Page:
Soros assailed the Clinton administration for the hard line it was taking with the Japanese on trade and for trying to talk the dollar down. "That's quite harmful for the stability of the dollar and the stability of the markets. Dollar bashing as a method of dealing with trade policy with the Japanese is a dangerous instrument that we ought not to use." Cynics read a not-so-subtle market message from the Master: Go long the yen and short the dollar until trade negotiations stabilize.

Continuing to try to prevent hedge funds from becoming the focus of the hearings, Soros noted that hedge funds were not that large a segment of the investment world. Even though Soros Fund Management's daily currency trades averaged $500 million, this level of currency trading, Soros told the committee, should not affect the markets, since hedge funds controlled at most .005 percent of the daily foreign exchange markets.

Soros's solution to currency crises and turbulence was not fixed exchange rates. "Too rigid," he said. Not floating exchange rates either. "Free-floating currencies are flawed because the markets always overshoot to excess." His solution: "The monetary people in the G-7 group of seven industrialized nations need to coordinate their monetary and fiscal policies so there are no great disparities where the markets are fundamentally unstable."

It became clear from committee members' questions to Soros that they were still stumped about what exactly a hedge fund did. "Just what is a hedge fund?" they asked over and over again. Soros tried to enlighten them, but he had to admit that the label had become a catchall for a great many things that were originally not within its province. "The term is applied so indiscriminately that it covers a wide range of activities. The only thing they have in common is that the managers are compensated on the basis of performance and not as a fixed

"Free-floating currencies are flawed because the markets always overshoot to excess. "

percentage of assets under management." That seemed an odd way to describe a hedge fund-especially by the King of the Hedge Funds. Soros was not, however interested in conducting a seminar on how to define hedge funds. He wanted to get a message across: that hedge funds-no villains-actually performed good deeds in the financial markets.

Hedge funds, Soros argued, because they were rewarded on absolute performance, provided "a healthy antidote to the trend-following behavior of institutional investors." His own fund, as an example, had a benign effect on volatile markets by moving against-not with-buy-ing or selling trends. "We tend to stabilize rather than destabilize the market. We are not doing this as a public service. It is our style of making money."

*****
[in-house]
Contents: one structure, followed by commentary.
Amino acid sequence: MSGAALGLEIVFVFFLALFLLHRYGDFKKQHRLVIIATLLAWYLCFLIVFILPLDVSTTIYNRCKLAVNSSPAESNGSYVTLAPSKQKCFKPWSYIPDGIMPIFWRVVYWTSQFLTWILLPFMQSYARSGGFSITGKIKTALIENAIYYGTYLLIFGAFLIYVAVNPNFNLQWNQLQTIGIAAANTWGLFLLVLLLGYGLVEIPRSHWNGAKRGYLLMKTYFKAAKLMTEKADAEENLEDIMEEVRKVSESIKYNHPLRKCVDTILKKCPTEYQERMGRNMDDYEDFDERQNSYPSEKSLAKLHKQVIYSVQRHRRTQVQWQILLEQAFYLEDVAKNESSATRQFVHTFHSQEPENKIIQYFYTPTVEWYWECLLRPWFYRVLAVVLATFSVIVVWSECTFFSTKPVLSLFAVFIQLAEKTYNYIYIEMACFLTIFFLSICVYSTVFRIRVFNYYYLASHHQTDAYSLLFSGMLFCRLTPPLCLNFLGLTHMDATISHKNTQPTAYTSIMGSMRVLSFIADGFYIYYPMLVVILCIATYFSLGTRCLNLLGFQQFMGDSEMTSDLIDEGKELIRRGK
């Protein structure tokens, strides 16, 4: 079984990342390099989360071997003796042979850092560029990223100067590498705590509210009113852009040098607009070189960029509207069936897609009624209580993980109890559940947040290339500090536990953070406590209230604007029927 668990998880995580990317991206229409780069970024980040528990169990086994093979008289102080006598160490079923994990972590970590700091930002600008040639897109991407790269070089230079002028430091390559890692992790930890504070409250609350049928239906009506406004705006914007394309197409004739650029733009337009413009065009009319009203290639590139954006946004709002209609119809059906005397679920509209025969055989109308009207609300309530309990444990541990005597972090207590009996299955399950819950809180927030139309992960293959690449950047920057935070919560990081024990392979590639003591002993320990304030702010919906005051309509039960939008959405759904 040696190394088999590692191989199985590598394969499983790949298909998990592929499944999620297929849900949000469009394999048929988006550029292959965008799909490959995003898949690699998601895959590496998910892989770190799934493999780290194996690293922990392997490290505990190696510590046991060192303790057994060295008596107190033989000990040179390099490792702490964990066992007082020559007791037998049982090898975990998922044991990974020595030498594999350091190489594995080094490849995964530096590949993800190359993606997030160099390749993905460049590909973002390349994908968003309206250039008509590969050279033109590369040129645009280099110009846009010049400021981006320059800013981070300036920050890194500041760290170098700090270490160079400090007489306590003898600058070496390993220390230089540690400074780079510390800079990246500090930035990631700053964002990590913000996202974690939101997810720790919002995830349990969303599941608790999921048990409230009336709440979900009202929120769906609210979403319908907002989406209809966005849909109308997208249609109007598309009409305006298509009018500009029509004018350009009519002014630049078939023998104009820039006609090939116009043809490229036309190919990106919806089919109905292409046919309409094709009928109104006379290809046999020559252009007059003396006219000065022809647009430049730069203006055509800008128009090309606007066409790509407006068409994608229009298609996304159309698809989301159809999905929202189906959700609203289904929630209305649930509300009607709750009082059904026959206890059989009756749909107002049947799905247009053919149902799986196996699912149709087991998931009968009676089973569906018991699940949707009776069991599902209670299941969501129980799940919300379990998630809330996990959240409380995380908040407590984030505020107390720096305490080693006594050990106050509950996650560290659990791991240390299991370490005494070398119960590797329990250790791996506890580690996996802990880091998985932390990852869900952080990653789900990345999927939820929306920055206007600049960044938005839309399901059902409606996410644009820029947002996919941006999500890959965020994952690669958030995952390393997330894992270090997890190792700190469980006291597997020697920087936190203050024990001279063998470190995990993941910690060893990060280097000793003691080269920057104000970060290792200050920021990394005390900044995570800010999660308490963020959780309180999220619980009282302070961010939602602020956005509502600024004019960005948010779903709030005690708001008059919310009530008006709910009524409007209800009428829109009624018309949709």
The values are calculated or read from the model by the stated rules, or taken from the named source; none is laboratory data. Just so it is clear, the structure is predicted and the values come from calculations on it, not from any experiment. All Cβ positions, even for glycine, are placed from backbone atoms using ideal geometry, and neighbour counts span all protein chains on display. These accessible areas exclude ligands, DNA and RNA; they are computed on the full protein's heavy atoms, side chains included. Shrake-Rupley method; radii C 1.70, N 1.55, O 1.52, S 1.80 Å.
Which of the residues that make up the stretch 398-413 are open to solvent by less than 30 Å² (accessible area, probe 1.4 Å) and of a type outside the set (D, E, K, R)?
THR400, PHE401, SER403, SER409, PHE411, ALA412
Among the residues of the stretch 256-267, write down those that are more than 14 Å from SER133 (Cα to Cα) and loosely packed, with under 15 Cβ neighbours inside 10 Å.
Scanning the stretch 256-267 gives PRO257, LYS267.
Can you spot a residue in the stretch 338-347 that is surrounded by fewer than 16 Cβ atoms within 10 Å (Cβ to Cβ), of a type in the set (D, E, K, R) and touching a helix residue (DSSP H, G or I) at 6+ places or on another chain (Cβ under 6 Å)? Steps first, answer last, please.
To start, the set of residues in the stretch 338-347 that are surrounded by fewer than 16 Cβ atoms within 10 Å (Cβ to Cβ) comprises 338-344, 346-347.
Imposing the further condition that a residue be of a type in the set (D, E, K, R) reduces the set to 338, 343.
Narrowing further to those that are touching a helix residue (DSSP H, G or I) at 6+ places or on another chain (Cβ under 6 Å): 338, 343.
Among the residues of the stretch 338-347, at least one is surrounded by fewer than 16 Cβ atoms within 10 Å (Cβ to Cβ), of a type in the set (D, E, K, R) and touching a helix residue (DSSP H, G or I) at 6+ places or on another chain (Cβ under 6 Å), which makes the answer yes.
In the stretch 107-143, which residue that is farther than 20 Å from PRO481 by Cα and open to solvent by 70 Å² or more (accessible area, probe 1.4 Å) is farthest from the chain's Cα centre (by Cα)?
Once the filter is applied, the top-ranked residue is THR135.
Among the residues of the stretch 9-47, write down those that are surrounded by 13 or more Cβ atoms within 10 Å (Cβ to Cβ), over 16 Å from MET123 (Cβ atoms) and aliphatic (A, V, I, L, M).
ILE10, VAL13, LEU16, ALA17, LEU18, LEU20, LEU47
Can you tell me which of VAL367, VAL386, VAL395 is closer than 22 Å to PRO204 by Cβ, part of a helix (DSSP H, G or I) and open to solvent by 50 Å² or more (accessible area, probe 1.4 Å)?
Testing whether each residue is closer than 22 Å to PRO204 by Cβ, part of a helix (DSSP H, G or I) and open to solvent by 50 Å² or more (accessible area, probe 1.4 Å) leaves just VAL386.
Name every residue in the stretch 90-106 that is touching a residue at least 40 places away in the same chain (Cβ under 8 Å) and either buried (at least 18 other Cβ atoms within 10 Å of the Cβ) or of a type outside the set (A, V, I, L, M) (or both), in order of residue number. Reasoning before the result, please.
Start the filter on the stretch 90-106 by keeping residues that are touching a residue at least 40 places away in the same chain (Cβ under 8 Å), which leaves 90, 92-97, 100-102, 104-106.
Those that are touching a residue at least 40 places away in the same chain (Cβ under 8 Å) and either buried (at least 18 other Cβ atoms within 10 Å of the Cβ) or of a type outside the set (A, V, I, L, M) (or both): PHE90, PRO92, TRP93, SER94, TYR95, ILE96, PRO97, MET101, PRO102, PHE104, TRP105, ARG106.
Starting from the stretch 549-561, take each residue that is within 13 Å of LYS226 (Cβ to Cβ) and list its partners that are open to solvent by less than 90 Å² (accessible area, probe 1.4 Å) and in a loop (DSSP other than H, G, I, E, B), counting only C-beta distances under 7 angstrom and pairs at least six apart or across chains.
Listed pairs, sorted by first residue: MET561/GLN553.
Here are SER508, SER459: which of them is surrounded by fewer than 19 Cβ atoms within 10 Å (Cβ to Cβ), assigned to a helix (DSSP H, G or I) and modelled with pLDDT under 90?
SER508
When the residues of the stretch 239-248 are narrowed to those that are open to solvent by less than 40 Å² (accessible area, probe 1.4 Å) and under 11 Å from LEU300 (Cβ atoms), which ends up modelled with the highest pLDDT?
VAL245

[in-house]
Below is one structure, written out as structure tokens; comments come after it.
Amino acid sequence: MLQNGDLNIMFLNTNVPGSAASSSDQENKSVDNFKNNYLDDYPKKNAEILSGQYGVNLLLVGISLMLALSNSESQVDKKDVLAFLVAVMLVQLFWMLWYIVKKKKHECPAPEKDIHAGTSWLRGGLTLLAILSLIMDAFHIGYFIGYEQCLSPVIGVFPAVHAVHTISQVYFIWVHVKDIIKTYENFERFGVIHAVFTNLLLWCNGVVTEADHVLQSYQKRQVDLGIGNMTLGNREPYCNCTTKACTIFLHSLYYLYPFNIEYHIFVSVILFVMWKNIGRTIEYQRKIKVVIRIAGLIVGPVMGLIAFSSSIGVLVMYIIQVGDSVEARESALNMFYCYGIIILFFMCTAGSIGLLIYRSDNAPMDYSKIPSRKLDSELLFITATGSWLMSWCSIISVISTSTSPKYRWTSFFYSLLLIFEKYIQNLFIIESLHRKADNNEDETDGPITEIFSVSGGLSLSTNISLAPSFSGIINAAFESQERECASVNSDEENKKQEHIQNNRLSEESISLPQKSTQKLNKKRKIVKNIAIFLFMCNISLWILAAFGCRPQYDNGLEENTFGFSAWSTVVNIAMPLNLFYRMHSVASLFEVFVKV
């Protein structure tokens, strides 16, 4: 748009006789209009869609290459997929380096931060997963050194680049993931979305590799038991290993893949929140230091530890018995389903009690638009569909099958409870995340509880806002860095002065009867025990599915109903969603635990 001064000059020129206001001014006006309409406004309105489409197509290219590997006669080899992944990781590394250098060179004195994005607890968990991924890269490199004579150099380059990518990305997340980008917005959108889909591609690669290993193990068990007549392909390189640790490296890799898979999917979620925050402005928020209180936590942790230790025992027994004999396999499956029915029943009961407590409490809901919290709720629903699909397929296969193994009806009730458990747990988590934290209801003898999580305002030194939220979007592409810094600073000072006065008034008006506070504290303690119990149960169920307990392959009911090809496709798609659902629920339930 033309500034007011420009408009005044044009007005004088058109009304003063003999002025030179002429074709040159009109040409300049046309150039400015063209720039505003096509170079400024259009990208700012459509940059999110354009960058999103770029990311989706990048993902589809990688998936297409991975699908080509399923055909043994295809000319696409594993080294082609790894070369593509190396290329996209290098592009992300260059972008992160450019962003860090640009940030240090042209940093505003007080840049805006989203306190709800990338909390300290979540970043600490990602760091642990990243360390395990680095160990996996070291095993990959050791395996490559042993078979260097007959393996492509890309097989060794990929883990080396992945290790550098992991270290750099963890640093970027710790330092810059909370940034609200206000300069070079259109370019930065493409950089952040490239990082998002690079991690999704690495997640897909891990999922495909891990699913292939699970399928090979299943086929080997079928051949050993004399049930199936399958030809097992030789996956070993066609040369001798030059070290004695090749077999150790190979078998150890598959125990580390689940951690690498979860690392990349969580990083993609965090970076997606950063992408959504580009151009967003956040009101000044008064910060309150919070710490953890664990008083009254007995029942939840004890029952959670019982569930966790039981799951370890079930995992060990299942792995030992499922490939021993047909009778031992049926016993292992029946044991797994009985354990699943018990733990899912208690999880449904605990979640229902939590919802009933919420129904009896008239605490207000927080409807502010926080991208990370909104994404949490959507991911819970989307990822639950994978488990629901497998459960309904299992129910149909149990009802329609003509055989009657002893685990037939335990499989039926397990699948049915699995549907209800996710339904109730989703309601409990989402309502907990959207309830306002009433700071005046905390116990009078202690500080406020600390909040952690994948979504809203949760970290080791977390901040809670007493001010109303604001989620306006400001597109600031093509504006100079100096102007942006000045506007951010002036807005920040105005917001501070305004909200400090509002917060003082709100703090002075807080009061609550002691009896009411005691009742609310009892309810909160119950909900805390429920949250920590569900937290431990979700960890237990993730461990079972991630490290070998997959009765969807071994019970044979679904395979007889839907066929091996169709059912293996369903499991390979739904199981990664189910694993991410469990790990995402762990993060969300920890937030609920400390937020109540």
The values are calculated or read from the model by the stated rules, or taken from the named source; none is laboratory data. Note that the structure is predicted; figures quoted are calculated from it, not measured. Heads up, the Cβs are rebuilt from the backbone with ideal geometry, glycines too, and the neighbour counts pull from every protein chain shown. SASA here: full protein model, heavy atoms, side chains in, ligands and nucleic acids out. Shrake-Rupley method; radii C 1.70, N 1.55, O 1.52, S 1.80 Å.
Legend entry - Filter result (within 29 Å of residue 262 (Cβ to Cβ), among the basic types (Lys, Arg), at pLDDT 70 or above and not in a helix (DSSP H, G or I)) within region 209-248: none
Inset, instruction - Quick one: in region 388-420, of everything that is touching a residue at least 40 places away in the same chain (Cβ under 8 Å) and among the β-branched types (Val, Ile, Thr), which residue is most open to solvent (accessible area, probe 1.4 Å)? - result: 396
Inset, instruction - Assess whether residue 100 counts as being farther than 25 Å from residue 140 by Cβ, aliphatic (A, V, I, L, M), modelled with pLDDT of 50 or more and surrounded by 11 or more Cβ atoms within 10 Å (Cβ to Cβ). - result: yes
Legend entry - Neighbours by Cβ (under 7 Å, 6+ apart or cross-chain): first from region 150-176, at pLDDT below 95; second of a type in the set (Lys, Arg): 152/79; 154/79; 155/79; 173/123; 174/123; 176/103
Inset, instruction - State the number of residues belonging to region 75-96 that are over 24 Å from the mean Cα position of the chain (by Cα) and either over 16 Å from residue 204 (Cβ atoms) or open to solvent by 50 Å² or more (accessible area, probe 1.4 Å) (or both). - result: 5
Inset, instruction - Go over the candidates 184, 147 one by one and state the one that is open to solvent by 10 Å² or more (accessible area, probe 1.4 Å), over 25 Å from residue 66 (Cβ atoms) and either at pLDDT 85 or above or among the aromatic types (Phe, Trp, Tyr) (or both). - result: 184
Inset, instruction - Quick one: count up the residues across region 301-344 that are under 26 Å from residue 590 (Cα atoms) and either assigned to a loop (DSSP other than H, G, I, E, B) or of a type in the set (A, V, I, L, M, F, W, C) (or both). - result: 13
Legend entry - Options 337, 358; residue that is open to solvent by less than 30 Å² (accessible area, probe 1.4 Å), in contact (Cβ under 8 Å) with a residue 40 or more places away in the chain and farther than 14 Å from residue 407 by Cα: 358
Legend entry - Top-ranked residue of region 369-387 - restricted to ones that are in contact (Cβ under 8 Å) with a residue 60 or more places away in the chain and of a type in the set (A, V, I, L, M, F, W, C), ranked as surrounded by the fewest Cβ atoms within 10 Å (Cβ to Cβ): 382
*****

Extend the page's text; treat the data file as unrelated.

In his bluntest comment in defense of hedge funds, Soros said to his listeners: "Frankly, I don't think hedge funds are a matter of concern to you or the regulators." Hedge funds should not be blamed, he argued, for the plummeting prices in stocks and bonds earlier in the year. "I reject any assertion or implication that our activities are harmful or destabilizing."

Soros was asked if it was possible for a private investor like himself to amass enough capital to manipulate the value of a currency such as the Italian lira or British pound.

"No," he replied. ". . . I do not believe any market participant can, other than for a short time, successfully influence currency markets for major currencies contrary to market fundamentals. . . . hedge funds are relatively small players given the size of the global currency markets. The lack of liquidity in markets for smaller currencies also acts to prevent any investor from successfully influencing prices for a minor currency. Any investor trying to influence prices by acquiring a large position in that currency will, because of the lack of liquidity, face disastrous results when the position is sold."

Soros sought to distance himself as much as possible from derivatives, those financial contracts derived from stocks, debt, or commodities. The committee had been intensely curious about these financial instruments. Soros sounded as if even he, the consummate investor, had a hard time trying to figure out what to make of them. Moreover, he pointed out that hedge funds "do not act as issuers or writers of derivative instruments. They are more likely to be customers. Therefore, they constitute less of a risk to the system than the dynamic hedgers at the derivatives desks of financial intermediaries. Please do not confuse dynamic hedging with hedge funds. They have nothing in common except the word